OpenStreetMap US

This a guest blog post featuring OpenStreetMap community member and OSM US board member, Brian Sperlongano. Do you have a story to tell? OpenStreetMap US news or info to share? Message us at and we’ll work with you to craft a blog post to share with the community!

We started building OpenStreetMap Americana with the idea of a map that looks and feels familiar to Americans. However, the United States is a diverse place, with millions of people speaking a language other than English at home. Besides English, the U.S. is home to more than a million speakers each of Spanish, Chinese, Tagalog, Vietnamese, Arabic, French, and Korean.

Thanks to the hard work of the project’s volunteer contributors, OSM Americana is now accessible to people speaking a broad range of languages. Instead of English-language names, the map renders language-appropriate labels based on the user’s web browser settings, thanks to vector tile and Wikidata technology.

I love exploring new places by looking at maps. While it’s fascinating to see maps of faraway places in interesting, exotic languages and scripts, it’s not very useful to me when I see the Chinese capital labelled 北京市 on the map! I need the map to say “Beijing.” However, my Chinese friend Jìng would expect to see the Chinese capital rendered in Chinese, and further, would expect New York City to be labelled 纽约!

The fact that different languages and language scripts are in use worldwide is a challenge for a global digital map. For raster maps, such as the standard tile layer on, the map is a grid of server-generated images. That means the cartographer must decide what labels to draw on the map ahead of time. There are two basic approaches:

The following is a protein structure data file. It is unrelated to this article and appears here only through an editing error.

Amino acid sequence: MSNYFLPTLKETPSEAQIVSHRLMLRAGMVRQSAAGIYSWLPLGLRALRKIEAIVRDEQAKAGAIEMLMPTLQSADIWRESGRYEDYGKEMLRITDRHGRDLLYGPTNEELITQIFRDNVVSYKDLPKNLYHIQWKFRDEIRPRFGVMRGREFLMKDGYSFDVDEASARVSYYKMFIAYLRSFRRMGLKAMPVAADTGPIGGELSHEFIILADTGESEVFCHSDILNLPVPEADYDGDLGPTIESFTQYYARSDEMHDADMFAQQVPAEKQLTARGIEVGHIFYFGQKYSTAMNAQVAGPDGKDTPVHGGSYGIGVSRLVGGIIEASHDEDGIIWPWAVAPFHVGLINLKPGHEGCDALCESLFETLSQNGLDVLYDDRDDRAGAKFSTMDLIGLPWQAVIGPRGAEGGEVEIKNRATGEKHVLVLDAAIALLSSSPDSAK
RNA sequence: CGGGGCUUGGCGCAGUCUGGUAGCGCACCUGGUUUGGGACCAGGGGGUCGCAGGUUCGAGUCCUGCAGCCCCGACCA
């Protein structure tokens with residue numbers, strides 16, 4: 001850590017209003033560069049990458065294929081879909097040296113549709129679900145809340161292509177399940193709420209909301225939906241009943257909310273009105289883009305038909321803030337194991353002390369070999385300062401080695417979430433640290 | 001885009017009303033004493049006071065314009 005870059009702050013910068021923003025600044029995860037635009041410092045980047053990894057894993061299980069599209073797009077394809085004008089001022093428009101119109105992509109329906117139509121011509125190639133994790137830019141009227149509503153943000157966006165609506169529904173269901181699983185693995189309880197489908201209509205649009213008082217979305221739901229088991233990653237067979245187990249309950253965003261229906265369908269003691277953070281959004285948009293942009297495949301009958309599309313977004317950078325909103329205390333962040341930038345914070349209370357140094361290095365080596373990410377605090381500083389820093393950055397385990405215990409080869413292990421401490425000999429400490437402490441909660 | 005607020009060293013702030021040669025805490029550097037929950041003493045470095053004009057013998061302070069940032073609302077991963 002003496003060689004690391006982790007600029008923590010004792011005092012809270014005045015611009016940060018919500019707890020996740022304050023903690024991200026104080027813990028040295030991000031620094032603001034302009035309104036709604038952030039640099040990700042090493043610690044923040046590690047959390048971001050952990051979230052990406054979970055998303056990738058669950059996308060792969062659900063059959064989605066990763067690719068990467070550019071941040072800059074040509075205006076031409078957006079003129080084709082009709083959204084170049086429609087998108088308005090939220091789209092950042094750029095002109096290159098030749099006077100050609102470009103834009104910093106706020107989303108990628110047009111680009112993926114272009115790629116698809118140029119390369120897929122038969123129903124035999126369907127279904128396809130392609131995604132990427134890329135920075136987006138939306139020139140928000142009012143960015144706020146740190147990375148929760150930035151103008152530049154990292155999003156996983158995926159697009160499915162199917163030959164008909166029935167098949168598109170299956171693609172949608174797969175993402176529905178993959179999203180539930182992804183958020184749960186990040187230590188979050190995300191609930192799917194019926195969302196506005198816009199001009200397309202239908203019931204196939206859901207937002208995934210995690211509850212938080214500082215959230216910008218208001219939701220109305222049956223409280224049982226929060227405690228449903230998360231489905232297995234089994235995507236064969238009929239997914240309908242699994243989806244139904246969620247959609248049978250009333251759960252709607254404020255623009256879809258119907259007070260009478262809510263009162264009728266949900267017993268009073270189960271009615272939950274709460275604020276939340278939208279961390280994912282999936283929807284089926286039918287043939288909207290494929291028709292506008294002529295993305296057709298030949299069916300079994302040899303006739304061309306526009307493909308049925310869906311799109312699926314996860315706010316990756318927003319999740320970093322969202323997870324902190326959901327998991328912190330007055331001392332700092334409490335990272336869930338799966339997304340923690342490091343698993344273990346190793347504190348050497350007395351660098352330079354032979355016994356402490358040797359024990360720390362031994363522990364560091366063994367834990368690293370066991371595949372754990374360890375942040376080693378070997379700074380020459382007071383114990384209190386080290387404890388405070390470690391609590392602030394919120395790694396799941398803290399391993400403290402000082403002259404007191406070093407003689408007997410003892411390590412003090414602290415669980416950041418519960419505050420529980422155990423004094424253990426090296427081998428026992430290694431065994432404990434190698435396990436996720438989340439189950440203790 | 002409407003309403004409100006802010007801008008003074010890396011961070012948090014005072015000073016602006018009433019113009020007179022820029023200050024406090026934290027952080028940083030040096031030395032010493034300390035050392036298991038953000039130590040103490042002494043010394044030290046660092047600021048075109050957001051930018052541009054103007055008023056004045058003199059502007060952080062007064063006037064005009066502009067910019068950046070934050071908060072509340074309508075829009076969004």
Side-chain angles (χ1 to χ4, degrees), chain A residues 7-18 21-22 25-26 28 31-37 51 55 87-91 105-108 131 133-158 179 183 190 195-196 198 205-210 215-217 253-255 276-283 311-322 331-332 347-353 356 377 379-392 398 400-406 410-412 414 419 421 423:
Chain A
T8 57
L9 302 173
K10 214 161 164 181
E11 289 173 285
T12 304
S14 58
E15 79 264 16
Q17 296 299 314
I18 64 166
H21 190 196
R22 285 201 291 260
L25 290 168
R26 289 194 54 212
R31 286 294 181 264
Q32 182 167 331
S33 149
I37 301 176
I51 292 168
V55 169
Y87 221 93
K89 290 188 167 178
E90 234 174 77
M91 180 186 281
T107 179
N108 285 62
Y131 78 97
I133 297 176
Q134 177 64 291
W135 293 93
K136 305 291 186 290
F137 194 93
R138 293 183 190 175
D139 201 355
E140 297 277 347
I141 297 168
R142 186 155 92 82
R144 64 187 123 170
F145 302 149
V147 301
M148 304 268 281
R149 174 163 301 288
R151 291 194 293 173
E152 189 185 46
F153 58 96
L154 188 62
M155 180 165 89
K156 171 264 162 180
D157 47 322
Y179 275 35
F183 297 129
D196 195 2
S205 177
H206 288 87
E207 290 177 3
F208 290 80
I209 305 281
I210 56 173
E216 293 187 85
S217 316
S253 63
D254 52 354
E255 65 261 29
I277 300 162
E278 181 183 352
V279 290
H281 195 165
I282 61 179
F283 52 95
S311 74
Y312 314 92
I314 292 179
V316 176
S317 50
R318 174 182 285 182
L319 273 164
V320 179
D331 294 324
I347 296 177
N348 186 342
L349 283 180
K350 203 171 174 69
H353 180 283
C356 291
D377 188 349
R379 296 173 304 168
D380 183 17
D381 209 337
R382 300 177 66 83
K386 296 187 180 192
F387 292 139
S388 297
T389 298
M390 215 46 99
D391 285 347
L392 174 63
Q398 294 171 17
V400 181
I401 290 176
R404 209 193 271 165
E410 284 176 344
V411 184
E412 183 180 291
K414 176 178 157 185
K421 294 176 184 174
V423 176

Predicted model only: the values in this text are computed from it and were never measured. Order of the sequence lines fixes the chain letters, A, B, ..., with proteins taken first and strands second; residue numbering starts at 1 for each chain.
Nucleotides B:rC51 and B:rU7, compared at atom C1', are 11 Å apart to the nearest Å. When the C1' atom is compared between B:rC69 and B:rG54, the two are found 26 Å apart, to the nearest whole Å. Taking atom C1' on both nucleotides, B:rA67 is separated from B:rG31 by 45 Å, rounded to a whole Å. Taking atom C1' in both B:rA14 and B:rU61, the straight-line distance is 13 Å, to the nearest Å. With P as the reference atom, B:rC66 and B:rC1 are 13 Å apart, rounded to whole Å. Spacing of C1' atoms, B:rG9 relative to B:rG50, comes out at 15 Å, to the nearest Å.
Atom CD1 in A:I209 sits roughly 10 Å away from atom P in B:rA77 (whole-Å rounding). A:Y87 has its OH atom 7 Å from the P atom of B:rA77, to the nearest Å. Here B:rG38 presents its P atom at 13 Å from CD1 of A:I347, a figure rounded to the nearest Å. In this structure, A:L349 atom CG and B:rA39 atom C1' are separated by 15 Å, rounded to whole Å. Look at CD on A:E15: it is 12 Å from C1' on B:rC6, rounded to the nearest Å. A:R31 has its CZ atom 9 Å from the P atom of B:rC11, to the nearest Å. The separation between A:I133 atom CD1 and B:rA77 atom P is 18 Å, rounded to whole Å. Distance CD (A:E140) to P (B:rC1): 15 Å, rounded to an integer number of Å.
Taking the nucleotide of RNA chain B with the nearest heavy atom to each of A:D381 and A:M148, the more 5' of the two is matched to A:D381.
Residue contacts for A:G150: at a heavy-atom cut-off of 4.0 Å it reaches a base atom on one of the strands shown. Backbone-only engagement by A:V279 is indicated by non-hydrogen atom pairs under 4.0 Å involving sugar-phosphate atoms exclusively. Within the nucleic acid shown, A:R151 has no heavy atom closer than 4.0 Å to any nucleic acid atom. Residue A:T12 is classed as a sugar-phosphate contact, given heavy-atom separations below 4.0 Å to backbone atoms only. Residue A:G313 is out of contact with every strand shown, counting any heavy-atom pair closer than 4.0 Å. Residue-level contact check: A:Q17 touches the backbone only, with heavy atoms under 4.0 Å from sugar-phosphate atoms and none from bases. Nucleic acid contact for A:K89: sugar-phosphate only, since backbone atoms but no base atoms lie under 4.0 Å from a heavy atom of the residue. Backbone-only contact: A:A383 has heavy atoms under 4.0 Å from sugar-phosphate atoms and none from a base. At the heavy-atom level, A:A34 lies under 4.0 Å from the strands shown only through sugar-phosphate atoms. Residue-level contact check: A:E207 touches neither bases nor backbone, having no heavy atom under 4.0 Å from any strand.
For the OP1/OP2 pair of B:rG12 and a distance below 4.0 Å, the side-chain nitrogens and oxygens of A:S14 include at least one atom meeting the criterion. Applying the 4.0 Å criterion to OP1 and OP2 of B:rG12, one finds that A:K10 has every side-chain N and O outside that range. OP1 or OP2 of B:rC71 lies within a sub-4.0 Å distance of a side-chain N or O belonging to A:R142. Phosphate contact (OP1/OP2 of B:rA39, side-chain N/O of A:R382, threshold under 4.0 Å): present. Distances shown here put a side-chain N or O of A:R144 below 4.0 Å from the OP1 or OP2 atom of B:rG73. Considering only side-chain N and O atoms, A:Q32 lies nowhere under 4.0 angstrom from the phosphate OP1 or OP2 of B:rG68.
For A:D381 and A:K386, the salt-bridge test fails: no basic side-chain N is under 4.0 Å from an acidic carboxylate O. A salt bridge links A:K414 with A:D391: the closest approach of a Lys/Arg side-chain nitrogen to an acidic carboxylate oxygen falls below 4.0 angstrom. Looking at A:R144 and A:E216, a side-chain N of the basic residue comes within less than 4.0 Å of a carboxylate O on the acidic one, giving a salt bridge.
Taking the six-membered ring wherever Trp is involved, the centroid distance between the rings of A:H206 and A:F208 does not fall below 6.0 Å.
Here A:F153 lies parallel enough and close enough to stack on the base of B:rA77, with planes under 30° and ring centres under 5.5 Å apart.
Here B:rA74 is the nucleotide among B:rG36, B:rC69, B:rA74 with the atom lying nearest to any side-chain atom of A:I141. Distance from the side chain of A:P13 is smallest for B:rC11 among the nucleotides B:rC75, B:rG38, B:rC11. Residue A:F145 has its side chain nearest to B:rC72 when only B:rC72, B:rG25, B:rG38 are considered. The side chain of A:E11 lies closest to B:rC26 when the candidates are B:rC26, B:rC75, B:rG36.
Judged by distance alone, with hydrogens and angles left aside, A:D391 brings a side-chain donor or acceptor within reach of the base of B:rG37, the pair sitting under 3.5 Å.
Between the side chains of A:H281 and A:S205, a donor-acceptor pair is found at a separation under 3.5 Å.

1. Use a single language
  2. Use the local language

Since the standard tile layer is a raster map, rendered on the server, it shows place labels in whatever the local language is – thus New York is New York, Beijing is 北京市, Seoul is 서울, and Kathmandu is काठमाडौं. As an American looking at a map in non-English-speaking areas, the map sure is interesting! However, I would have to hunt for Osaka on this map:

(c) OpenStreetMap Contributors (location)

Since OpenStreetMap Americana is based on vector tile technology, we can scrap fixed labels entirely and customize what’s shown to the user. Dynamic labels are possible because the server encodes language information in the vector tiles it sends to the user’s web browser. Then, a bit of JavaScript determines which language the user has configured in their web browser and chooses the most appropriate label.

A Japanese user viewing a map of the United States might see something like this:

© OpenStreetMap Contributors (location)

That’s pretty neat but insufficient if our user speaks multiple languages or a location doesn’t have a name available in the desired language.

Meet my friend Keiko from Japan!

  • As a native speaker of Japanese, Keiko would prefer to see a Japanese label if it’s available.
  • Like most Japanese people, Keiko studied English for six years in school, so if a Japanese label is unavailable, she would like to see an English label.